Choroidal melanoma is a cancer of the eye that develops in a part of the eye called the choroid, the spongelike membrane that lies between the sclera (the white of the eye) and the retina. The choroid is rich in blood vessels and supplies nutrients to the retina, the light-sensitive back of the eye that sends visual information to the brain. Although choroidal melanoma is a rare form of cancer, it is the most common cancer that develops in the eye in adults.
This cancer often doesn’t cause any symptoms in its early stages, so the tumor may grow for some time before the problem becomes noticeable. When symptoms occur, they include blurred vision, floaters, flashing lights, or severe eye pain. These symptoms also can be caused by many other, more common, noncancerous causes.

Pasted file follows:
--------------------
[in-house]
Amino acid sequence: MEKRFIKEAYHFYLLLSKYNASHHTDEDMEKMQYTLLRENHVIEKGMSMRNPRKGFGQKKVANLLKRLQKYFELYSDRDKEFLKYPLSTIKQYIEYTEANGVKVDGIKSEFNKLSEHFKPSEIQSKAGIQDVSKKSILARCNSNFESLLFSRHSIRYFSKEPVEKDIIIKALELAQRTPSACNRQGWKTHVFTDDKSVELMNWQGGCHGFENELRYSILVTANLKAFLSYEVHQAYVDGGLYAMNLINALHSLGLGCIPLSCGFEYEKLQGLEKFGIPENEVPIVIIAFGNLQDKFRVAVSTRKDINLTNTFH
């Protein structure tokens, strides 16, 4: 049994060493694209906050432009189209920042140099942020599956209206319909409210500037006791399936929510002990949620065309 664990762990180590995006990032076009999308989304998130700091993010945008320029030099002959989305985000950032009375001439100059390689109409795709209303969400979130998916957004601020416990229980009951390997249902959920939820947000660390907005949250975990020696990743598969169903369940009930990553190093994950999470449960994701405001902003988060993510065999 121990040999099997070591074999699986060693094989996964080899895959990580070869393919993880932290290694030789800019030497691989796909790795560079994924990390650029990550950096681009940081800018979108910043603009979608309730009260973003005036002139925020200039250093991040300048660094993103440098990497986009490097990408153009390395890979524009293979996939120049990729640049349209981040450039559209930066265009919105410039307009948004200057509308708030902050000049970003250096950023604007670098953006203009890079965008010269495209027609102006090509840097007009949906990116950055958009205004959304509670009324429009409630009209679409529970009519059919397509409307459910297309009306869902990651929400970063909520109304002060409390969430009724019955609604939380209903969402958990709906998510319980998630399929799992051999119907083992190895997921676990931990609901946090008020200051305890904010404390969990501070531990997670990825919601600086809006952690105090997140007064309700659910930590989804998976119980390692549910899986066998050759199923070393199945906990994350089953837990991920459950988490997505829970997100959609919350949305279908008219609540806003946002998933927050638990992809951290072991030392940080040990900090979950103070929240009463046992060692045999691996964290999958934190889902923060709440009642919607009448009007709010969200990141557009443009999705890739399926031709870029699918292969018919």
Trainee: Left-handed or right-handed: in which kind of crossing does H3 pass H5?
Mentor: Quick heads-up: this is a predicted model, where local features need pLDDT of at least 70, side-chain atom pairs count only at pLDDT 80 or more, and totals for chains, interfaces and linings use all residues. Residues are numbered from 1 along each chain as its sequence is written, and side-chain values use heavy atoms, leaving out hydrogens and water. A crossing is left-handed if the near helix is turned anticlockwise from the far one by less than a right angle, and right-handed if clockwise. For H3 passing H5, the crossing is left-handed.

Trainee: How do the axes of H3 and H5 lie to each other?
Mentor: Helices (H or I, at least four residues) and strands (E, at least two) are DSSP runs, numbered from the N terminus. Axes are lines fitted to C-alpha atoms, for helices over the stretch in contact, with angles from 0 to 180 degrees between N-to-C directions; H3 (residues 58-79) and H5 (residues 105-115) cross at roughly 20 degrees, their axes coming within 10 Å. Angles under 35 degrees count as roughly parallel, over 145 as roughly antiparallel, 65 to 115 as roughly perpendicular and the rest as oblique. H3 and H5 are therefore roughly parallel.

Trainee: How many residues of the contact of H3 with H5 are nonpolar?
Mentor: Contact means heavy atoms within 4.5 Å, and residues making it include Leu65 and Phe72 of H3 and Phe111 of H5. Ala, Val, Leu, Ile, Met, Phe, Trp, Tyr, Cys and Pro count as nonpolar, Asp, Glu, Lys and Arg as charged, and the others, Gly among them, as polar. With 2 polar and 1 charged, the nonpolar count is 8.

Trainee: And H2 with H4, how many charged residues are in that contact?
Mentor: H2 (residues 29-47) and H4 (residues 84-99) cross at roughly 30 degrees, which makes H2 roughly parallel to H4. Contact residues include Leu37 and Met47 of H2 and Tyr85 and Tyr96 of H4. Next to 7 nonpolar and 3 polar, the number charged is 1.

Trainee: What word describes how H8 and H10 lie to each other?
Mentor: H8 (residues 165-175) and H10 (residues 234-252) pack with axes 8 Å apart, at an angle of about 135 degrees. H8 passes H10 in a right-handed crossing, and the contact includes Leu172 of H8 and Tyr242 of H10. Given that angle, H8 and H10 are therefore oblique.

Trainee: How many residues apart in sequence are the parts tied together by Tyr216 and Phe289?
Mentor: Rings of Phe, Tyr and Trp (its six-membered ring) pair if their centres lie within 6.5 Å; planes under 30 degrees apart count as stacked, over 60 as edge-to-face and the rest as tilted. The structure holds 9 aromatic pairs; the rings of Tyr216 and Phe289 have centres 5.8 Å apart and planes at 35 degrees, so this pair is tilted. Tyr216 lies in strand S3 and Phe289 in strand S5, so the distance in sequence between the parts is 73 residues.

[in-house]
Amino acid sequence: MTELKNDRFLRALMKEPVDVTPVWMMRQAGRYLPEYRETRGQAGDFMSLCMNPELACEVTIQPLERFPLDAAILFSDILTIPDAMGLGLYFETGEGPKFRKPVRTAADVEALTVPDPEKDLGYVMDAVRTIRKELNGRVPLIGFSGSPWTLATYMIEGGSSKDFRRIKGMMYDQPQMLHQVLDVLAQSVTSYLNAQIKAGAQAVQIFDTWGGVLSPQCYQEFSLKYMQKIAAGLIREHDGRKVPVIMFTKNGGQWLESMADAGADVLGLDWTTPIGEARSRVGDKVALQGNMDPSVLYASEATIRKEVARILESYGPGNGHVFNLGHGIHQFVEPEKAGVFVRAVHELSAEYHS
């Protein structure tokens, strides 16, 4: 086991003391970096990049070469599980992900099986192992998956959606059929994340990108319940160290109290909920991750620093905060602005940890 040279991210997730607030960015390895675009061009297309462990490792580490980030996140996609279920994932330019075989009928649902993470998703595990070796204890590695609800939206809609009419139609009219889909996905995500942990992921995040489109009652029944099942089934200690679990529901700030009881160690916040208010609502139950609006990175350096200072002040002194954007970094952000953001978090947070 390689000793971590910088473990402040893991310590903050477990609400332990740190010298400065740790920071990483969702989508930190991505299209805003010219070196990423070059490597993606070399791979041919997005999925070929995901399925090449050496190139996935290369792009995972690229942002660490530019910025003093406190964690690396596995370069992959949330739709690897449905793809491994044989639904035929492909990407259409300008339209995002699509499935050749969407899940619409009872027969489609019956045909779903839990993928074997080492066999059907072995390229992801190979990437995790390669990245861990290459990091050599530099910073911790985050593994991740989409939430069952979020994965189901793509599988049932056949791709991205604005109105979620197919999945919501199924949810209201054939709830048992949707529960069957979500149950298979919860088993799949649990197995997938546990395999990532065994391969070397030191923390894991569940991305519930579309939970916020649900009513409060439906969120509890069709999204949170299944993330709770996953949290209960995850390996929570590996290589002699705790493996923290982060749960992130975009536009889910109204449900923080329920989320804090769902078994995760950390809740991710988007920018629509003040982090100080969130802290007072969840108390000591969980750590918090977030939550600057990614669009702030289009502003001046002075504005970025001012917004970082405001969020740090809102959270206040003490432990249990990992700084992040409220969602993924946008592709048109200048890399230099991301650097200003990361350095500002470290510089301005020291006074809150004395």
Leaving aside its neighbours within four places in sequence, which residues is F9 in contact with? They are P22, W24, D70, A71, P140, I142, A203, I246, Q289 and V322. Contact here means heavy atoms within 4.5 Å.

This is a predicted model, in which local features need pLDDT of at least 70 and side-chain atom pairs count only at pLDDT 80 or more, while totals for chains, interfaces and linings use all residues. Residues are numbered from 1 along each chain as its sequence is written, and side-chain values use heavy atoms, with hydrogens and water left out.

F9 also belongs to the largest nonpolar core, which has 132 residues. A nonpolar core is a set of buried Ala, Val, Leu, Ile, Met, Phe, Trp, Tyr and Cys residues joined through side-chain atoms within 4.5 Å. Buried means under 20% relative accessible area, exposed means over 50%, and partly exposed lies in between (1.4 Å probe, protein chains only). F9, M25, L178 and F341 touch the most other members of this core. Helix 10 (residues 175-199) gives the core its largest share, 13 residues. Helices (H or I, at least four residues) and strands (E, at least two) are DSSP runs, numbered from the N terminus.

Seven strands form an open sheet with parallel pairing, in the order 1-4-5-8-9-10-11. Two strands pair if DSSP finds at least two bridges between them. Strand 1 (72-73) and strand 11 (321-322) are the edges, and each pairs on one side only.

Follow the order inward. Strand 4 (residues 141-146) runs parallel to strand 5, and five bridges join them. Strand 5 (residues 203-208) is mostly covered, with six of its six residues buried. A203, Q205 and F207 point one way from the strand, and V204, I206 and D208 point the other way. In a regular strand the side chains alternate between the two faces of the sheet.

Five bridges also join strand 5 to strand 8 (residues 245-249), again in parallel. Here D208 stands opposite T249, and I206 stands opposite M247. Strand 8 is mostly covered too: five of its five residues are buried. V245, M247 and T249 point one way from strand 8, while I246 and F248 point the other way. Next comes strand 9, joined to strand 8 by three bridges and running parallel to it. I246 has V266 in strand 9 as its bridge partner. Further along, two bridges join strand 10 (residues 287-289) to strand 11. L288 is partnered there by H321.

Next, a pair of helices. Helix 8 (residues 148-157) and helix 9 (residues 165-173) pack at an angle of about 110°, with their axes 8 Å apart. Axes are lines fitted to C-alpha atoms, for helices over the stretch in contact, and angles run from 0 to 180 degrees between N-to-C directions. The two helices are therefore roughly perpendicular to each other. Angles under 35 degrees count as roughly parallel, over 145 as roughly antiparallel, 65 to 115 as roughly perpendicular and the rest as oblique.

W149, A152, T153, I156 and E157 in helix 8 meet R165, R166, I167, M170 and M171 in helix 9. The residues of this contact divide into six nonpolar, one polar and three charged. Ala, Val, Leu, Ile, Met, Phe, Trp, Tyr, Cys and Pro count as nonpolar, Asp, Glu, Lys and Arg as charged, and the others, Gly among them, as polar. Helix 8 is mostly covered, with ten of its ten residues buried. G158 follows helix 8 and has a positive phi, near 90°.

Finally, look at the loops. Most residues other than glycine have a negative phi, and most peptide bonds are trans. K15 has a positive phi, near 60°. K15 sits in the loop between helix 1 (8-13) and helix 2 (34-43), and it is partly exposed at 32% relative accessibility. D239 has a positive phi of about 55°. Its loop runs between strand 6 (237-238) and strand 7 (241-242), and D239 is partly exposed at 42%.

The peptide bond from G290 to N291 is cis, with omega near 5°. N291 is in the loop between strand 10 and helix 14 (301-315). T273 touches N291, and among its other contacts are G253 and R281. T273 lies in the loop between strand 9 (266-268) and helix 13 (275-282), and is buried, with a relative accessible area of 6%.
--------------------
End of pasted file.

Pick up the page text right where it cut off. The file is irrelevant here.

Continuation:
Biomedical Aspect of disease involves proper diagnosis of disease after knowing the symptoms. After the definition of problem aspect of Biomedical Engineering plays a very important role
Most cases of choroidal melanoma are detected during a routine, dilated eye exam, in which an ophthalmologist dilates the pupils to examine the back of the eye. Most of the time, no other tests are needed. Specialized tests can help make the diagnosis more certain. They include:
- Echography. A small probe placed on the eye, directs sound waves toward the tumor and records the pattern as the waves reflect off the tumor.
- Fluorescein angiography. A fluorescent dye is injected into a vein in the arm, and a rapid sequence of photographs is taken through the pupil as the dye passes through the veins in the back of the eye.
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